In 2017, Equifax - a major credit bureau in the United States - suffered one of the most high-profile and devastating data breaches in history thanks to a vulnerability found in the open source Apache Struts web application framework. While this incident put the personal data of over 143 million American citizens at risk, what made it particularly troubling was the fact that an official patch had been released to mitigate the issue two months earlier; and Equifax neglected to apply it.
According to a recent report from the Ponemon Institute and ServiceNow, 57% of companies that have fallen victim to a data breach in last two years were compromised under similar circumstances - through the exploitation of a known, yet unpatched vulnerability. 57%. That's a staggering 3 out of 5 companies that could have spared themselves a ton of time and money, not to mention the loss of public trust and what I can only assume was innumerable sleepless nights, had they only practiced good cyber hygiene.
Like good personal hygiene, good cyber hygiene is about diligence, not intelligence. While there's no shortage of attack vectors an adversary might try to use in an effort to breach your security, an overwhelming majority of them are known vulnerabilities that your attacker is hoping you haven't taken the time to remediate yet. Don't make it easy for them. Be proactive. Increase visibility. Patch your shit. Make a targeted effort, and make it daily.
Cyber Hygiene Essentials
When I was in the 6th grade, I had a music teacher who used to say that "practice doesn't make perfect; it makes permanent." In other words, it's not enough just to do the work, you have to do the right work. While he was preaching the importance of establishing good habits in music education, I've always felt the principle applied particularly well to information security. In the case of cyber hygiene, "good habits" means applying operating system and software patches in a timely manner; it means staying on top of the deployment of third-party software; and it means understanding the management and configuration of devices that are under your control. These are activities that, when practiced daily, become ingrained in the culture of an organization and improve security across the board.
Operating System Patching
Patches. Hotfixes. Upgrades. Updates. While the terminology differs from vendor to vendor, the basic principle remains the same: something about your operating system needs a-fixin'. Distributed either through an operating system's package management system, or by their own built-in proprietary upgrade solution, operating system patches are often the most critical—and least avoidable—updates that can be applied. Vulnerable software can be removed or replaced, if necessary, but a machine can't run without an operating system, so applying available updates is crucial to ensuring the underlying security of a given device.
The importance of operating system patches is especially apparent in the case of the recent Meltdown and Spectre exploits. As hardware vulnerabilities, mitigation is best done at the hardware level, however the time it takes for hardware manufacturers to fix the problem, redistribute new product, and get that product replaced in every affected device is far from ideal. This is where operating system patches come into play. Where hardware upgrades are impractical, operating system patches are significantly easier to test, apply, and distribute.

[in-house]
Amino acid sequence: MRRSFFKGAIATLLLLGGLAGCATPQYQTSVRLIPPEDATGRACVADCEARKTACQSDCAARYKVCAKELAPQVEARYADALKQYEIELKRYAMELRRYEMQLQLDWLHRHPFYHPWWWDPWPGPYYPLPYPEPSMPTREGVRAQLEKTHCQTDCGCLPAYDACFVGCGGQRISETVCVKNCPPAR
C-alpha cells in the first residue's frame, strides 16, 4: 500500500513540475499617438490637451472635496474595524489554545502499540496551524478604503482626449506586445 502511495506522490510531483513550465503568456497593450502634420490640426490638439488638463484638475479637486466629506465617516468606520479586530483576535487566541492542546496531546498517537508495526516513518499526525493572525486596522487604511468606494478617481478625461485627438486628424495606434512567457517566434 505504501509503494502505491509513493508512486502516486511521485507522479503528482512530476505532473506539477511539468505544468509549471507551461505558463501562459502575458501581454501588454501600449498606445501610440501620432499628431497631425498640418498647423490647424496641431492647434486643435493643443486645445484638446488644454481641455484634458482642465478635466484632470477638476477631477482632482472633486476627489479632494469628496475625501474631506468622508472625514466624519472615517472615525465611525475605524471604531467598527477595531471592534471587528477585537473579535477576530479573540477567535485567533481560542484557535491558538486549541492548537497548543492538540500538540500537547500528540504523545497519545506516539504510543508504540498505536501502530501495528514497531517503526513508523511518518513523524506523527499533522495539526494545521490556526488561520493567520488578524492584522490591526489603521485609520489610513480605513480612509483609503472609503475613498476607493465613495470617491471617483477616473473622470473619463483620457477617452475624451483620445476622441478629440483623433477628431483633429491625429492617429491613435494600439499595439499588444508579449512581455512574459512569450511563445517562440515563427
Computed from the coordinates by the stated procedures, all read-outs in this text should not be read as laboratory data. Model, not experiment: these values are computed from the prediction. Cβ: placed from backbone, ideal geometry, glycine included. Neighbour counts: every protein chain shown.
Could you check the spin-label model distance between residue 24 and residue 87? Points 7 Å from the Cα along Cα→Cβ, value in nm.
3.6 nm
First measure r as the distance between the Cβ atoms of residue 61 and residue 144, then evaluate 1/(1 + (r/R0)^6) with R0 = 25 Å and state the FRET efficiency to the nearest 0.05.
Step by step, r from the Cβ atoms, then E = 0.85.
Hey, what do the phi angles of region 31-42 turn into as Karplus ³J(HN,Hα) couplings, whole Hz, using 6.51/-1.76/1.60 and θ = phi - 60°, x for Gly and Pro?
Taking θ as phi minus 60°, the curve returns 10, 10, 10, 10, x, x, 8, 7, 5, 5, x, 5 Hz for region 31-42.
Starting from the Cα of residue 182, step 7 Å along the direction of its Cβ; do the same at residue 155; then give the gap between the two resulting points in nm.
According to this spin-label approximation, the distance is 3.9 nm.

That said, not all operating system patches are created equal. Just last year, Apple released an update for macOS High Sierra that inadvertently exposed a passwordless administrator account on every machine that applied it and, in their rush to patch the vulnerability, spent the next few days fixing and then un-fixing the problem. But not applying patches isn't a viable option, so to better facilitate the deployment of critical patches, establishing a test environment to verify the impact of any new operating system updates can go a long way towards building confidence in them without disregarding them entirely.
There's a reason the Automox slogan is #patchyourshit. It's important and frankly not all that hard. But, what exactly is software patching, and how does it differ from operating system patching? In a nutshell, operating system patches are released by the operating system's manufacturer, typically through a proprietary release channel built into the operating system itself. Software patches are released directly by the individual software vendors through any number of different channels; such as app stores, package managers, proprietary upgrade solutions, and manual binary releases.
In some instances, there is little practical difference between operating system and software patching processes. For example, in the case of Linux-based machines, where built-in package managers deal with the installation and management of both the operating system and the majority of installed software. In other cases, software vendors are often left to their own devices when it comes to patching, leading many of them to develop proprietary upgrade solutions. While it can be difficult for an adversary to compromise upgrades distributed through a package manager or app store, these proprietary upgrade solutions have been shown to be more vulnerable to attack. It is crucial to vet all software patches in the same way you would vet operating system patches.